Ms. Wallgren, one of Main Street’s veteran dancers, also offered her much-valued opinion on dance as a sport.

“It is similar to a sport to the fullest extent,” she said, pas­sionate as she looked around at her younger dancers with pride. “No one understands the cardio that goes into it and the bruises you end up with from working your body so hard. It works your arms, legs and abs, and you need rhythm to be able to keep up and perform properly.”

Ms. Kyaza Turane, a se­nior at Monticello High who has been dancing with Main Street since she was three years old, expanded on Ms. Wallgren’s sentiments.

“It’s even more difficult than other sports at times be­cause in ensembles, we don’t get one star player who can save the performance,” Ms. Turane said. “We all have to perform at the highest level for it to work.”

Ms. Turane shared that she suffers from severe asthma and that at times she’s had to work harder than other girls because of it, but she said that dancers never let their audi­ences see them sweat, so to speak.

“People think dance isn’t a sport or that difficult because after they see our routines, they say it looks easy,” she added. “They don’t under­stand that’s the point. If we make the routine look easy as dancers, then we’ve done our job correctly.”

When speaking to the mas­termind behind the incredible performance, Ms. Imperato, she was very modest in her achievement at successfully choreographing a full crew of 24 dancers in such a hard routine. She began her train­ing with Ms. Williams at age 4 and has stayed with Main Street Dance ever since, eventually student teaching and now choreographing and teaching classes of her own. Her passion for dance is tan­gible, but she admitted that coming from Fallsburg High School, dance wasn’t always easily accepted and under­stood.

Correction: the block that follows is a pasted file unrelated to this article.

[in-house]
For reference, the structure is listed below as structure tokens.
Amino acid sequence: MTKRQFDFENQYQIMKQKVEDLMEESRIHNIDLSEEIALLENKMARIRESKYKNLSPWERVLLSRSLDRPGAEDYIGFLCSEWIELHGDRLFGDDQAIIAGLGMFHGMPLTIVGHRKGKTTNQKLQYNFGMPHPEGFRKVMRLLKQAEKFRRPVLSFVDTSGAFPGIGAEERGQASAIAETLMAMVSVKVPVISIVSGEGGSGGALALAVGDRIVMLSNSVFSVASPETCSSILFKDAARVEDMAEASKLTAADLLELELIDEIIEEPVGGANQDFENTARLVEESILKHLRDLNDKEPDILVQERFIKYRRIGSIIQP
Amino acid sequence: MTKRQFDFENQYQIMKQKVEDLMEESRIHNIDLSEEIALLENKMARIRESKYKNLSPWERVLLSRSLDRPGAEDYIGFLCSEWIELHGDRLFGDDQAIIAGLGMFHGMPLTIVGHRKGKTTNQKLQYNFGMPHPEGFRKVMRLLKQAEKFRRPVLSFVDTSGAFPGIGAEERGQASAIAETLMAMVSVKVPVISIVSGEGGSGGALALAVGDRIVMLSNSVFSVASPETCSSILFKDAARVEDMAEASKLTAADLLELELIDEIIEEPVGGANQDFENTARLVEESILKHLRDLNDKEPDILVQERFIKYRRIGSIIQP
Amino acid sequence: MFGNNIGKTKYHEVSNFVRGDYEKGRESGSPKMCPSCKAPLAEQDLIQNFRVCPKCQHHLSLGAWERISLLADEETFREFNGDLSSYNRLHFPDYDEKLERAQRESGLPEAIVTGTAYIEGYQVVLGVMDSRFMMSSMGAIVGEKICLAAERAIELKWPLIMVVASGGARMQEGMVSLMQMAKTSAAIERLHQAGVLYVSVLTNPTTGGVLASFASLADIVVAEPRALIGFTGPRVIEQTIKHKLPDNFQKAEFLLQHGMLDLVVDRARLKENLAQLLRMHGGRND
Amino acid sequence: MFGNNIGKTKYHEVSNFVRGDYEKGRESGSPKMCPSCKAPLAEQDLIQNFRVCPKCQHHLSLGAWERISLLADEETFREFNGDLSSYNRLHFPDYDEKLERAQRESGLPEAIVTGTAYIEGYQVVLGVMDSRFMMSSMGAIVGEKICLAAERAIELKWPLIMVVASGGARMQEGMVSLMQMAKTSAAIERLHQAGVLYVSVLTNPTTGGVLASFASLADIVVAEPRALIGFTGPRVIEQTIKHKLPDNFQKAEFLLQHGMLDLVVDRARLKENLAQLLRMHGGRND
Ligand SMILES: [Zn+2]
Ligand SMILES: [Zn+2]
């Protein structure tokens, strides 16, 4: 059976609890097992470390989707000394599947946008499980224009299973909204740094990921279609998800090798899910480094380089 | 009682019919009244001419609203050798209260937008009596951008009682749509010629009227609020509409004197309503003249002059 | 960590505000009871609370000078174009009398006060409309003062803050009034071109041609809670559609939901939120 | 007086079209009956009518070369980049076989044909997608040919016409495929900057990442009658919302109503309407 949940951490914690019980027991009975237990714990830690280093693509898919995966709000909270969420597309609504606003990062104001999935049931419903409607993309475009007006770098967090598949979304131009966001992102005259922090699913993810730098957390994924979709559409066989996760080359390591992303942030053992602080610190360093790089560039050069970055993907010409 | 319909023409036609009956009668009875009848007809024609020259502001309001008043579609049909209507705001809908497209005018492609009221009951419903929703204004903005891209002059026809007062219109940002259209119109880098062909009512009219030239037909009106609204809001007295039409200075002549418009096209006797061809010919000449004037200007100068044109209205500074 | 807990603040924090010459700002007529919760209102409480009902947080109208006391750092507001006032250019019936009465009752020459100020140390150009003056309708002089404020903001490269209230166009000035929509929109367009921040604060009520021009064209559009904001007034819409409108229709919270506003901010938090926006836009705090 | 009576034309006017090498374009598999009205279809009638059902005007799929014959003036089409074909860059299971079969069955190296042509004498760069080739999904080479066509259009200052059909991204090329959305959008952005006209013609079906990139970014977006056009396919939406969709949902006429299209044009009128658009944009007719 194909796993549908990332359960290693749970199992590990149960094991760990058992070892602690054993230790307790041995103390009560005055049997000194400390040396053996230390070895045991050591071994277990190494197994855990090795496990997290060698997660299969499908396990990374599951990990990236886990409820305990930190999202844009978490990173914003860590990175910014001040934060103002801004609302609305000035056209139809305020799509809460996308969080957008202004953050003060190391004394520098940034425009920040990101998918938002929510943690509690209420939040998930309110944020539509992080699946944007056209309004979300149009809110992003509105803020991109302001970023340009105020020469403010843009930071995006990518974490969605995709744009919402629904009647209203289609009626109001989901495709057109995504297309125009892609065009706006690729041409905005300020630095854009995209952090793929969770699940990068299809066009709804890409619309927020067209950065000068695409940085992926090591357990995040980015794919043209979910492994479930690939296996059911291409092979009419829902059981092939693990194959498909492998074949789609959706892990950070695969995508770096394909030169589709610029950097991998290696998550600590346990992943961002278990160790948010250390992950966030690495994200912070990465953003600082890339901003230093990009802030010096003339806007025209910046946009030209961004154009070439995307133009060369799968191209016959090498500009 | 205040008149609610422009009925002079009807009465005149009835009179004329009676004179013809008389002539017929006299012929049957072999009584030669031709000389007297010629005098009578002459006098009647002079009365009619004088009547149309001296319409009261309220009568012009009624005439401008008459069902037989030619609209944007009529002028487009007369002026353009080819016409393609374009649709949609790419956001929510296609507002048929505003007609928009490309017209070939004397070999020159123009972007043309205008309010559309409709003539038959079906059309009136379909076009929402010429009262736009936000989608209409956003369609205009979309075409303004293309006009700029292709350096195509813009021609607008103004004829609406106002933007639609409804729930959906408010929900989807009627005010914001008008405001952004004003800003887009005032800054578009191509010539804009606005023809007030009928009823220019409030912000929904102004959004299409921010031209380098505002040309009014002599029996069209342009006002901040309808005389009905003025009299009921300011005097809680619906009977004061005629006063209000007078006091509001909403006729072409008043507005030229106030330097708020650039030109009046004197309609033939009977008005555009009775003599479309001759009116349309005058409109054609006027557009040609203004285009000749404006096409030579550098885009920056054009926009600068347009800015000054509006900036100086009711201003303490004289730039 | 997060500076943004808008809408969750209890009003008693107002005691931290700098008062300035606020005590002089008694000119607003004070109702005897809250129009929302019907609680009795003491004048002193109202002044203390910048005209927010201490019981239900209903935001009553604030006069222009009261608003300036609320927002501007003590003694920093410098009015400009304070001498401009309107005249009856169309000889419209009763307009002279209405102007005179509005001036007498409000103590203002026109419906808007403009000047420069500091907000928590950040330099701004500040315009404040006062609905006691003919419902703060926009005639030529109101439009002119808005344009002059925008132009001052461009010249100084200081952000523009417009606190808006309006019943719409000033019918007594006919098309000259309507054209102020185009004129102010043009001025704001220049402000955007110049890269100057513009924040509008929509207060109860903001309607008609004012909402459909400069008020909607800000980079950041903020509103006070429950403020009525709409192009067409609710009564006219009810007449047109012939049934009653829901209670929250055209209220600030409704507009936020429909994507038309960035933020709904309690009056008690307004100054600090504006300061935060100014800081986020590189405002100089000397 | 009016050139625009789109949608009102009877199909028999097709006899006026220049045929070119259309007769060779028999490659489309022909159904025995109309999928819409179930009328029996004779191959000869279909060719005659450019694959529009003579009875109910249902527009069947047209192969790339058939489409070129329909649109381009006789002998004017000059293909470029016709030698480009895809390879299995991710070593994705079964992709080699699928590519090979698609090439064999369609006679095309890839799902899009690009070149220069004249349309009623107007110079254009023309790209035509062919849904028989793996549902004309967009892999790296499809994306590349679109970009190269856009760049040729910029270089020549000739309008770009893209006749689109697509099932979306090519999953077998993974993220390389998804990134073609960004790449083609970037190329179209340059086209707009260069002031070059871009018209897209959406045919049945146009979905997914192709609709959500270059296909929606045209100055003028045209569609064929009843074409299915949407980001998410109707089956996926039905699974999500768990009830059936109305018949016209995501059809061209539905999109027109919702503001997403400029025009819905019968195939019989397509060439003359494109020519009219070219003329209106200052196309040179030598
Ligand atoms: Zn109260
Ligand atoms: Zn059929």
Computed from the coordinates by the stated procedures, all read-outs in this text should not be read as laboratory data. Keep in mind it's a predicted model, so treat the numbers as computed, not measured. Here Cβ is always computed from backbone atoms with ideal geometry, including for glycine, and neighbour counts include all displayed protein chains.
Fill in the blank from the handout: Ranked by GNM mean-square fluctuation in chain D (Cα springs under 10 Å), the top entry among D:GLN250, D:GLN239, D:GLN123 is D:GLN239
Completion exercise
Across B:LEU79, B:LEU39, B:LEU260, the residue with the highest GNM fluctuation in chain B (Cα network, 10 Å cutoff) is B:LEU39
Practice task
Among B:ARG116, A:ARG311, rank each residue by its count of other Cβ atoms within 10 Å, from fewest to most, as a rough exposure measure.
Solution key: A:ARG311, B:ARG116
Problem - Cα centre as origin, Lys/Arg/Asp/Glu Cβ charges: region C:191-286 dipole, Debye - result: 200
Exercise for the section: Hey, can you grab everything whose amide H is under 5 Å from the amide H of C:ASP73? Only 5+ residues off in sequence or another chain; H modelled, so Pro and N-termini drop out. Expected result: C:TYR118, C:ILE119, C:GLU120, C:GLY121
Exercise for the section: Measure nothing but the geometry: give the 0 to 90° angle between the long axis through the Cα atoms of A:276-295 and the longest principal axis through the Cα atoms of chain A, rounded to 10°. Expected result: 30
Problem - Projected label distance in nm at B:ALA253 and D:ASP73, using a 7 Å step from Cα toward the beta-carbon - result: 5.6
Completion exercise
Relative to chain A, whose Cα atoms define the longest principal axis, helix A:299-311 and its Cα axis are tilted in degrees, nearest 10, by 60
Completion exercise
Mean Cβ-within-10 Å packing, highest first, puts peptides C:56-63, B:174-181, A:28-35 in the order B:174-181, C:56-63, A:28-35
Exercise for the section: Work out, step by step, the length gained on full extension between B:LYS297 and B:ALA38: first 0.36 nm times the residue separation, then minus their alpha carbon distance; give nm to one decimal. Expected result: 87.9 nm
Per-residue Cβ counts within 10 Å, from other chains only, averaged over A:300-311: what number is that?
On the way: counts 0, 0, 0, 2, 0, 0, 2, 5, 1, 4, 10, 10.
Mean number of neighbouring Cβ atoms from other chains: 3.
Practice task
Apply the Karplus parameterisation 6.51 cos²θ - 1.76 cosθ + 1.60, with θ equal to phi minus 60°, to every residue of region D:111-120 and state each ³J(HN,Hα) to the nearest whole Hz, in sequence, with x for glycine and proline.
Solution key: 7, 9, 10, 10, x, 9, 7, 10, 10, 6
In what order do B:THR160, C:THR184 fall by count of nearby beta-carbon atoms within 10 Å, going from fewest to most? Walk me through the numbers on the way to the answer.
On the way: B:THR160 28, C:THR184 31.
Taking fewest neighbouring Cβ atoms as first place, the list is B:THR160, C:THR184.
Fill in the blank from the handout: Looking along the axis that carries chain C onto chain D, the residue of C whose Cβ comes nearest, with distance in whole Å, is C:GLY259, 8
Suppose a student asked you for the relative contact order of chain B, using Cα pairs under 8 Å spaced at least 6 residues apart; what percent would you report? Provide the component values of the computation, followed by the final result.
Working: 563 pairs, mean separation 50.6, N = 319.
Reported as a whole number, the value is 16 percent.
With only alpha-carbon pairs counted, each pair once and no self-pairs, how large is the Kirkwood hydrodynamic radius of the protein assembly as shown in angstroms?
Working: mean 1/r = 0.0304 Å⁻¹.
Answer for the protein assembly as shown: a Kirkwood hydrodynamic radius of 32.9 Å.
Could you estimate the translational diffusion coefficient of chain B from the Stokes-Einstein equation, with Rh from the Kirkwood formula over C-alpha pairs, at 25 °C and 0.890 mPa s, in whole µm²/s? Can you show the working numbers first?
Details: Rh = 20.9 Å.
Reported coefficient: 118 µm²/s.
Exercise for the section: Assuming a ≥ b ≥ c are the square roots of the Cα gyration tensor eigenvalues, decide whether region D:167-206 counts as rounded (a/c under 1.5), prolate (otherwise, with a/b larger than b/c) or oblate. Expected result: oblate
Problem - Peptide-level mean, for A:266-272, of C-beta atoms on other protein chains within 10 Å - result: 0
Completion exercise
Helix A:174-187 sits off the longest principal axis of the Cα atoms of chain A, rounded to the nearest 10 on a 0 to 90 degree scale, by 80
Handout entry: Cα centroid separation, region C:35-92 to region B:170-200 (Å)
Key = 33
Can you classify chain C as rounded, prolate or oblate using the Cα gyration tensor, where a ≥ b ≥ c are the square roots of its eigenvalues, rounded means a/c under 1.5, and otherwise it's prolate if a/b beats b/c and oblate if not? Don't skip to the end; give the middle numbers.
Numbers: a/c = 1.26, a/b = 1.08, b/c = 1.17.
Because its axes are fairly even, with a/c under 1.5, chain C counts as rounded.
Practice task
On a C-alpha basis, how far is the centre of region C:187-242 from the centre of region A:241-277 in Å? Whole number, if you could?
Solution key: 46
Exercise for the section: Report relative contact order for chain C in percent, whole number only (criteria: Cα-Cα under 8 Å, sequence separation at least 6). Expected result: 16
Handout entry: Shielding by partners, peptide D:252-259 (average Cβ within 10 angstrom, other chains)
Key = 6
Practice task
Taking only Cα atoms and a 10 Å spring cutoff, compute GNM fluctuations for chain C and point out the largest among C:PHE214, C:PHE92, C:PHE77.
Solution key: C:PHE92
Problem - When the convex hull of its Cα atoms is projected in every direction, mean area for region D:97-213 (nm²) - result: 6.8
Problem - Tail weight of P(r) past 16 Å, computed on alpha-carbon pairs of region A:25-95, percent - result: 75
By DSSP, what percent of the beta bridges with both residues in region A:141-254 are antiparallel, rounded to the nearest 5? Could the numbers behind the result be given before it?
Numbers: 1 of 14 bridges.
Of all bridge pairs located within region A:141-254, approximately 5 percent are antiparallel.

“When I tried to get dance into Fallsburg a few years ago, we were looked down upon by a lot of people,” Ms. Imperato said. “They didn’t take dance seriously.”

Luckily, that attitude is changing little by little, and it’s likely because people are starting to realize the level of athleticism and dedication that goes into dance, espe­cially routines like the one Ms. Imperato choreographed.

“It’s something that hadn’t been done by many non-pro­fessional dance crews before, but I believed in our dancers and wanted to see if we could do it,” Ms. Imperato said, still beaming with the satisfac­tion of having pulled it off. “We’ve never done some­thing so big before in such a short period of time, and the fact that we nailed it means we can do anything.”

Main Street dancers performed during halftime at a recent basketball game between Tri-Valley and Chester Academy at the Paul Gerry Fieldhouse at SUNY Sullivan.

But when asked the age-old question, is dance a sport, the veteran dancer gave quite a unique perspective on the topic.

“I don’t think dance is a sport, actually,” she said. “Dance is an art, and that should never be mistaken, but I do believe dancers are athletes.”

Although no definitive an­swer came from the group, the fact remains that dancers are athletes in all definitions of the word, and that they should be respected as such for their physical abilities and dedication to their work. But one way dance is more like a sport than anything else is in the teamwork and sense of camaraderie that’s involved, something each girl went out of her way to mention.

“More than anything, Main Street Dance is a family to me,” said Ms. Rachel Col­lura, a junior at Fallsburg and dancer since age 5. “I am closer to these girls than any­one else, and I’d dance with them anywhere.”

Main Street Dance hopes to perform its stunning hip-hop routine at more pep ral­lies across the county and at its annual recital in June. Check them out at any time practicing at the Hurleyville Arts Centre!